Ray said she has appreciated the high level of energy her team’s defense has shown so far this year. She also has been happy to see how involved the whole team has been on the offensive end. Four players have at least three assists on the season.

“Our team is really good at assisting each other and looking to set each other up for success and getting goals,” she said.

Ray said senior Grace Love and Mangum have done a great job in helping the team transition from defense to offense. 

Freshman Mahaela Horsford has made an immediate impact on defense. 

“She does really well at taking the coaching and applying it right away and locking in on the other team’s top attackers,” Ray said. 

Another player bringing the energy this year has been freshman Ava Wilson, who primarily comes off the bench for Tualatin.

“Hers scrappiness and drive to goal has been awesome to see,” Ray said. “In her moments, she goes 100 percent.”

Like the boys team, the girls team has shown great camaraderie this year. After each game, Ray collects nominations for the player who best excelled in their particular role that game. She then has the team vote on the winner, and that player gets to take home the Wolfie trophy until the next game. 

Bell Bottoms & Backbeats: Northwest Senior Theatre’s Groovy Musical Extravaganza

Calling all flower power enthusiasts and disco devotees! Get ready to groove and giggle at Northwest Senior Theatre’s latest production, “The Times of Your Life,” a high-energy celebration of the iconic music and comedic trends of the 1960s and 1970s.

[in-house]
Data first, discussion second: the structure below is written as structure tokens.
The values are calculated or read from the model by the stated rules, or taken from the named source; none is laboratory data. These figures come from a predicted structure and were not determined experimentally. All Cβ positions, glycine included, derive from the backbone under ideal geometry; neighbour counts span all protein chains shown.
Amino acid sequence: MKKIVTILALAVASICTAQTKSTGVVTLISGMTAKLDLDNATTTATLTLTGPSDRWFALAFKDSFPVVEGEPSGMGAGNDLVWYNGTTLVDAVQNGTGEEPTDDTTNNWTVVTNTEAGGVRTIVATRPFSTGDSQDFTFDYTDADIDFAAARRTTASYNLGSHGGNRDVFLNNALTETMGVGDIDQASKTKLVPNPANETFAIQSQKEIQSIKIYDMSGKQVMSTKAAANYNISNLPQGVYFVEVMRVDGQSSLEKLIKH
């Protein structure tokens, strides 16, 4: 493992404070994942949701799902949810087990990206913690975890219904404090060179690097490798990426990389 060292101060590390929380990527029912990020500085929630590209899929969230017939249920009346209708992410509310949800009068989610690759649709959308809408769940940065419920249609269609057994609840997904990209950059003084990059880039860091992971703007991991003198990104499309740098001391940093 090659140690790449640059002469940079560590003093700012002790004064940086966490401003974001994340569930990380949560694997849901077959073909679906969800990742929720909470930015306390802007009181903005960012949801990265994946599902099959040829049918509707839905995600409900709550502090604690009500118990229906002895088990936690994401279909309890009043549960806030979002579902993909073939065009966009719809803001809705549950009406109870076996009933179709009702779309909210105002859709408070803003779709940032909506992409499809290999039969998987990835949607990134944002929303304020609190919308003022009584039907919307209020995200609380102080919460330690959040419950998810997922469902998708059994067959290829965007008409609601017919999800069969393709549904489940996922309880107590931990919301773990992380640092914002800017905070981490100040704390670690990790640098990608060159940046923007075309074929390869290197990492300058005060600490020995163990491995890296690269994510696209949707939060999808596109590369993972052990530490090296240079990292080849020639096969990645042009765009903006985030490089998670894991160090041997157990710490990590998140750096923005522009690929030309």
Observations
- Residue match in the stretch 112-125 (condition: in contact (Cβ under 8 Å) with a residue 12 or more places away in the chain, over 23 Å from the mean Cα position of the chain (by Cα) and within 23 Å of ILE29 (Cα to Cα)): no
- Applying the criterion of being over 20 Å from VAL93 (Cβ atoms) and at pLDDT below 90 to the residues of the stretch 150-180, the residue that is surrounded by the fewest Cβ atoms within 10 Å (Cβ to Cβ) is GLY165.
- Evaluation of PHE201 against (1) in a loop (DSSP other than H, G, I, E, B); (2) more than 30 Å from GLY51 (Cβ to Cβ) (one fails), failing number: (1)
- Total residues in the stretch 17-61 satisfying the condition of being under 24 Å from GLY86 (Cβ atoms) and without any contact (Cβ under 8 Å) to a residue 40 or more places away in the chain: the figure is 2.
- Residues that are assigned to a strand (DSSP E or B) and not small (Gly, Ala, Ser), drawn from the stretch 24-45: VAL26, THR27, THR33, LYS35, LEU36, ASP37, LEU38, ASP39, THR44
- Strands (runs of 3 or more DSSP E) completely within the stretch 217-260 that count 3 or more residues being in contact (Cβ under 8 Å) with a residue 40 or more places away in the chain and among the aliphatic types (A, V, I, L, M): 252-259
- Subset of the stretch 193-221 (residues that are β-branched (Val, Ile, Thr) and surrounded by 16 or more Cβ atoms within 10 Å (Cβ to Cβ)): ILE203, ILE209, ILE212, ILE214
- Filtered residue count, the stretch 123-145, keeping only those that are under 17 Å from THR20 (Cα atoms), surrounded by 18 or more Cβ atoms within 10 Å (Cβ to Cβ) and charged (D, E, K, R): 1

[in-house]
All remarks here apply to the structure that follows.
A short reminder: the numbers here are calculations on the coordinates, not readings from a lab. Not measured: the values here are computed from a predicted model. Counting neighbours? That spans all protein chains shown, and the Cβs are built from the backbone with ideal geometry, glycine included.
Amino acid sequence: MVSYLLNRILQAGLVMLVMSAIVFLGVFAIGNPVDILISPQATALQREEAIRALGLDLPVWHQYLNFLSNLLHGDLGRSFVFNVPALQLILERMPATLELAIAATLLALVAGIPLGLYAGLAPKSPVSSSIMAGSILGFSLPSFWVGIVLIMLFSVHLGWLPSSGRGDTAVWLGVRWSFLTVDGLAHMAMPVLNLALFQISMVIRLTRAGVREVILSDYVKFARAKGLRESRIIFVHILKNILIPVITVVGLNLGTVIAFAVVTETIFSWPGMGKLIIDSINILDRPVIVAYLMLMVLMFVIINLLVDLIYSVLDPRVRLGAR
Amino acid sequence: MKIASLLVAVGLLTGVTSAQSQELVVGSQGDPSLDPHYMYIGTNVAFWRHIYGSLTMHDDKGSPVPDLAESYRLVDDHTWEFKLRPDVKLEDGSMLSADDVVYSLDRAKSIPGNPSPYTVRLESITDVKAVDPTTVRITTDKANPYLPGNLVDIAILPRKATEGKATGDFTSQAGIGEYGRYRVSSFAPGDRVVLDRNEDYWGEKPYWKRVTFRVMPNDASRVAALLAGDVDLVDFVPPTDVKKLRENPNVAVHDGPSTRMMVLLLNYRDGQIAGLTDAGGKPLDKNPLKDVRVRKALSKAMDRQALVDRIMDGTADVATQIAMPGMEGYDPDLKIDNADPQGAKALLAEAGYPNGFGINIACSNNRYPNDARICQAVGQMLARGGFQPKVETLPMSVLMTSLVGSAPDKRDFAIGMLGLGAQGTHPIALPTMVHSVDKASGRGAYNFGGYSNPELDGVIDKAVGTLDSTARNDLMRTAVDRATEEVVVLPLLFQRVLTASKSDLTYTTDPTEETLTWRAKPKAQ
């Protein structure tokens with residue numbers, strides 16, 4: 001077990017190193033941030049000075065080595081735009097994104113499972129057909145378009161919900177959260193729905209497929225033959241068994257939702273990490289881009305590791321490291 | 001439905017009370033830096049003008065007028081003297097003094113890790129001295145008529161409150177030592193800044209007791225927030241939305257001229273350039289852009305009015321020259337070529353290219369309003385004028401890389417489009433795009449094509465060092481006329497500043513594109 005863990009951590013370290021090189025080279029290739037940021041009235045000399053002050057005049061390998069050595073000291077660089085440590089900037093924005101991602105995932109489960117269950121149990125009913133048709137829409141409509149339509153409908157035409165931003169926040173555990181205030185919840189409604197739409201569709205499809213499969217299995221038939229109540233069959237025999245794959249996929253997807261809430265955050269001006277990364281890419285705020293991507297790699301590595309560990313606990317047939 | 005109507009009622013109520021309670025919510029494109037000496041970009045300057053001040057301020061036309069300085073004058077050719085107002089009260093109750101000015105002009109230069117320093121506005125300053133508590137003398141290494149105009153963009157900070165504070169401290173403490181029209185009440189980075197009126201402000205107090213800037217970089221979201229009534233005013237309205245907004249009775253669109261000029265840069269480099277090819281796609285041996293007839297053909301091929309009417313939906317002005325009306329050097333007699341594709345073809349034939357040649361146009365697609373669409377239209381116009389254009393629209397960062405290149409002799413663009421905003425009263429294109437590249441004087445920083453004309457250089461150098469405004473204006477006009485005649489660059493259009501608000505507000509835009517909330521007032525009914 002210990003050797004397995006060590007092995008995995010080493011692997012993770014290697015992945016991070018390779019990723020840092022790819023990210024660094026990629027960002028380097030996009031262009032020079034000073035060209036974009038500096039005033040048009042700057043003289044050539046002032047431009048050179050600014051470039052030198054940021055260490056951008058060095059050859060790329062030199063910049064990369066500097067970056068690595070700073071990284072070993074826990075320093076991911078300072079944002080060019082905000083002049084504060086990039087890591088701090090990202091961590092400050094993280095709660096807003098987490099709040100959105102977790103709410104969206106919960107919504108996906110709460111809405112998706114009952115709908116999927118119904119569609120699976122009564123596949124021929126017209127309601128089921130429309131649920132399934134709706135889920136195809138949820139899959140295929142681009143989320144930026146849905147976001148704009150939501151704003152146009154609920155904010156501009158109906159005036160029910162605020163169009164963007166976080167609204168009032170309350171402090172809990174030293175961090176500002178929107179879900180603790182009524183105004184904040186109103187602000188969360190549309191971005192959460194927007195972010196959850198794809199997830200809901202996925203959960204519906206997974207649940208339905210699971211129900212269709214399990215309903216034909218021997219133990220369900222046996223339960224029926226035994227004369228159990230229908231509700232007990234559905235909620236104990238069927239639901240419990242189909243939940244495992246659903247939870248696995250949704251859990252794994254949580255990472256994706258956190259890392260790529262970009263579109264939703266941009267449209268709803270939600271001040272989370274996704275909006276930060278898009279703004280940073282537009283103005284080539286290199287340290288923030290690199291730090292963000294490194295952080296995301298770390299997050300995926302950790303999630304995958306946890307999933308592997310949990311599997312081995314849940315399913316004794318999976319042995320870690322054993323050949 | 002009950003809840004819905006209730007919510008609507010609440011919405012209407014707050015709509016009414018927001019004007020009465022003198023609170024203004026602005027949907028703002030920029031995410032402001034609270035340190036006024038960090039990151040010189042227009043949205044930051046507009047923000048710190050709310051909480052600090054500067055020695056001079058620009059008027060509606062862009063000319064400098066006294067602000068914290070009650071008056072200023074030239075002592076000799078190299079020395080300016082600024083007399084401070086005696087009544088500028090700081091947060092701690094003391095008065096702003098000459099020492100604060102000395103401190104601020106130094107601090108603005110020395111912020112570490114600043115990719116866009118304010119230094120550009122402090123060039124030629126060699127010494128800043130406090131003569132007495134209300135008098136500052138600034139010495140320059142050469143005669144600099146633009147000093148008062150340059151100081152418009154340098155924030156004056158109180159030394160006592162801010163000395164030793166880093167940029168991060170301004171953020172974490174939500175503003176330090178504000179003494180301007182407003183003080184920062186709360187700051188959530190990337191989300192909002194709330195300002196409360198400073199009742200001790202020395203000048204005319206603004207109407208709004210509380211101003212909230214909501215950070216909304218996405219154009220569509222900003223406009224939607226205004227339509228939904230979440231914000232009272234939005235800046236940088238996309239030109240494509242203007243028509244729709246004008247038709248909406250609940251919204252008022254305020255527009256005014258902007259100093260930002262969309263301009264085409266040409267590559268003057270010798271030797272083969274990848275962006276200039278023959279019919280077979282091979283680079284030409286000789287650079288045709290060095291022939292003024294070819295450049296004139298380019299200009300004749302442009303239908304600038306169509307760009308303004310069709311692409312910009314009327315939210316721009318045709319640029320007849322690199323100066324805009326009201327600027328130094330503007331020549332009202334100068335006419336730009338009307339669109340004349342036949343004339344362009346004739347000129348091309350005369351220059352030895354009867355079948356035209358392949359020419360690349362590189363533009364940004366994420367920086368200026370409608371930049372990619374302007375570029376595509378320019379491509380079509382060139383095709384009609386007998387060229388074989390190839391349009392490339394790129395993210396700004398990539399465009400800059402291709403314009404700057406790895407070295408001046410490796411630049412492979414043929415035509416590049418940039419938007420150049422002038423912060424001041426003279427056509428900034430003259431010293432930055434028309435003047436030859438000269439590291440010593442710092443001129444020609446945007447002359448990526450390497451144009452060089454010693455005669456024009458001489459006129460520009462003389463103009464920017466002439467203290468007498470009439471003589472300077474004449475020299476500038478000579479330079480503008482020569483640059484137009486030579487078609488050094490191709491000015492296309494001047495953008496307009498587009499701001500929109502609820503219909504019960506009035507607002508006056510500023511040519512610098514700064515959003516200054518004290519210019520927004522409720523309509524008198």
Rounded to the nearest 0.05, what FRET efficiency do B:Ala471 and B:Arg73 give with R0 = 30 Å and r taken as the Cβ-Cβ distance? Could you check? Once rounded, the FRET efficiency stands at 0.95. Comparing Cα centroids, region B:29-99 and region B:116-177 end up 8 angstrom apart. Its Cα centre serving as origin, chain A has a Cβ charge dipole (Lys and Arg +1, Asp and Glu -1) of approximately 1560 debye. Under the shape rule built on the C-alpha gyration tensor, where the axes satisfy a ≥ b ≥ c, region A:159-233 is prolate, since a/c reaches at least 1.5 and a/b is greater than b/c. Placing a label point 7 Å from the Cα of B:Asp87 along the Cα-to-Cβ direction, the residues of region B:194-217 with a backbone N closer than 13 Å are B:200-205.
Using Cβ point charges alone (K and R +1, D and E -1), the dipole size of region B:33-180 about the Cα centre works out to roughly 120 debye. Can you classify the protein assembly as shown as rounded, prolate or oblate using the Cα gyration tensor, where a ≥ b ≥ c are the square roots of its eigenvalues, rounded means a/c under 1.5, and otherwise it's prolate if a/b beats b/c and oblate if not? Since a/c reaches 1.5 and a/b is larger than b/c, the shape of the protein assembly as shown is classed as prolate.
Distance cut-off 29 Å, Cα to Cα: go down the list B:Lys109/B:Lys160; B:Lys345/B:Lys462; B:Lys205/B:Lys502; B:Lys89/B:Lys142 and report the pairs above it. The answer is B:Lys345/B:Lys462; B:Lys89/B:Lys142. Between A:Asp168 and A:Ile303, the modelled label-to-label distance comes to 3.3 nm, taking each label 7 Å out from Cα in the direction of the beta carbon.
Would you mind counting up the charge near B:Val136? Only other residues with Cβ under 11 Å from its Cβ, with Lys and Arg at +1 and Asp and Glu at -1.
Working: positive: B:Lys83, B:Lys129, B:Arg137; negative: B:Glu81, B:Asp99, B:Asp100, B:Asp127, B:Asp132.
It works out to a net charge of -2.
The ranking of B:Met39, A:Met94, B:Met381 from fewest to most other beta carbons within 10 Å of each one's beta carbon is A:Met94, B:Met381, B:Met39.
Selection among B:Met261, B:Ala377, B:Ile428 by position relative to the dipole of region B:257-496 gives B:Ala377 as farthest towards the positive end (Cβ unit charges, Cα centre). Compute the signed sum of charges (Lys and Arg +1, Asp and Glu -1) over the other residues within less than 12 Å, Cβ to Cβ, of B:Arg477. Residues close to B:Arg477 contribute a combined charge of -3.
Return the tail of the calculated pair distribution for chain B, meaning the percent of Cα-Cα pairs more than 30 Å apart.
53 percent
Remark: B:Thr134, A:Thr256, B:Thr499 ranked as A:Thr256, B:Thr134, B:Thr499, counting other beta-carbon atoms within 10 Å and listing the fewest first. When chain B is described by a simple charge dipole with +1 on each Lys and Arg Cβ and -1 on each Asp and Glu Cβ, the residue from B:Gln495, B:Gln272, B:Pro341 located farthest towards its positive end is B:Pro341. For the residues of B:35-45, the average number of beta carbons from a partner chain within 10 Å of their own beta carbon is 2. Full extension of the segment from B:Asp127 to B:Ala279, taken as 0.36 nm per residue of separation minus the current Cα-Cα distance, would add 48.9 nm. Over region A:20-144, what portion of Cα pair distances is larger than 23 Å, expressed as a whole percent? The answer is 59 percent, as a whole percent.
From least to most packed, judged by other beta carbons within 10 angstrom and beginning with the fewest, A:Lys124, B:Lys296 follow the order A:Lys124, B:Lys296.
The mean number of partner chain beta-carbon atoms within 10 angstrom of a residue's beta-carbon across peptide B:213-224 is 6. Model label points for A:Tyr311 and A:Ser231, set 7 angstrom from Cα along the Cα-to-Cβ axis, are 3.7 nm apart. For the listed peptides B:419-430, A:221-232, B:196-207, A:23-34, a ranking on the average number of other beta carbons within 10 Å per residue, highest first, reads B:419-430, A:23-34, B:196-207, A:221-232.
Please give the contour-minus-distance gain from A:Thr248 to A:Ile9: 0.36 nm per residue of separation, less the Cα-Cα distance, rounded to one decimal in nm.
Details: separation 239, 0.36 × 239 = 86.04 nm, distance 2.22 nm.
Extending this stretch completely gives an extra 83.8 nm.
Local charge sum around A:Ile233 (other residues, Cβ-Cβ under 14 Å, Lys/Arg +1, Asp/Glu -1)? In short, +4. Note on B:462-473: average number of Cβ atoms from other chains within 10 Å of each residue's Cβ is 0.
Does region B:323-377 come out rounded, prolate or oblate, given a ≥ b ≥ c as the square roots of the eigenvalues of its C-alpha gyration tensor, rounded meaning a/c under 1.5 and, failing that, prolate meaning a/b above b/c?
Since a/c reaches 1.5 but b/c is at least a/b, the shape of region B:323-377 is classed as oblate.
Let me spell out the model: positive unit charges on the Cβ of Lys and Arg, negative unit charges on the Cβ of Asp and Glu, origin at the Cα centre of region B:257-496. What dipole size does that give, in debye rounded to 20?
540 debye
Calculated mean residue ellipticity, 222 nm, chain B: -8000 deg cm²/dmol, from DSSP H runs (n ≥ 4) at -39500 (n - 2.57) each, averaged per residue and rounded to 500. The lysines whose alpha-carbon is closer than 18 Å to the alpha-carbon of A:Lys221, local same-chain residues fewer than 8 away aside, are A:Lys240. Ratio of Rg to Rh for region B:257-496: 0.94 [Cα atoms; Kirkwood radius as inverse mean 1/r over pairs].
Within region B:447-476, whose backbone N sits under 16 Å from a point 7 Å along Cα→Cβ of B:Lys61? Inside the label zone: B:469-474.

This unique show isn’t your standard musical. “The Times of Your Life” seamlessly blends crowd-pleasing hits from the era with hilarious comedy skits, creating a fast-paced and entertaining experience. 

Audiences can expect to hear beloved classics by artists like Elvis Presley, The Supremes, The Beatles, The Mamas & the Papas and Simon & Garfunkel. The show’s musical director, Mak Kastelic, has cleverly interwoven these hits into the fabric of the play, creating a nostalgic tapestry that will have toes tapping and hearts soaring. 

“It’s going to be a lot of fun for all ages,” said Areanne Lloyd, president of the group. It will bring back memories for many older folks and introduce younger audience members to that magical time in music history.”

Directed by the ever-enthusiastic Lennon Smith, the production promises a delightful journey through life’s ups and downs, all set against the backdrop of a bygone era. The talented cast of seasoned performers will bring the timeless themes of love, loss, and the enduring power of friendship to life with their seasoned acting chops and surprising vocal talents.

“We’re starting with [Chubby Checker’s] ‘The Twist,’ and we’re coming out with walkers,” Lloyd said, sort of a self-pun, since all the members are 55 or older.

Skits and jokes will be interspersed between music numbers in the 90-minute musical variety show that will include such vintage songs as “Cathy’s Clown,” “I’m a Believer,” “My Boyfriend’s Back,” “Proud Mary,” “These Boots are Made for Walking,” and many more, Lloyd said.

“We will have a keyboard, bass and drums combo on stage, some choreography staging, some duets and quartets and all the permutations of musical variety,” she said.

“The Times of Your Life” promises an afternoon of laughter, reflection, and, of course, great music. Whether you’re a longtime fan or simply looking for a unique and entertaining afternoon, this production is sure to lift your spirits.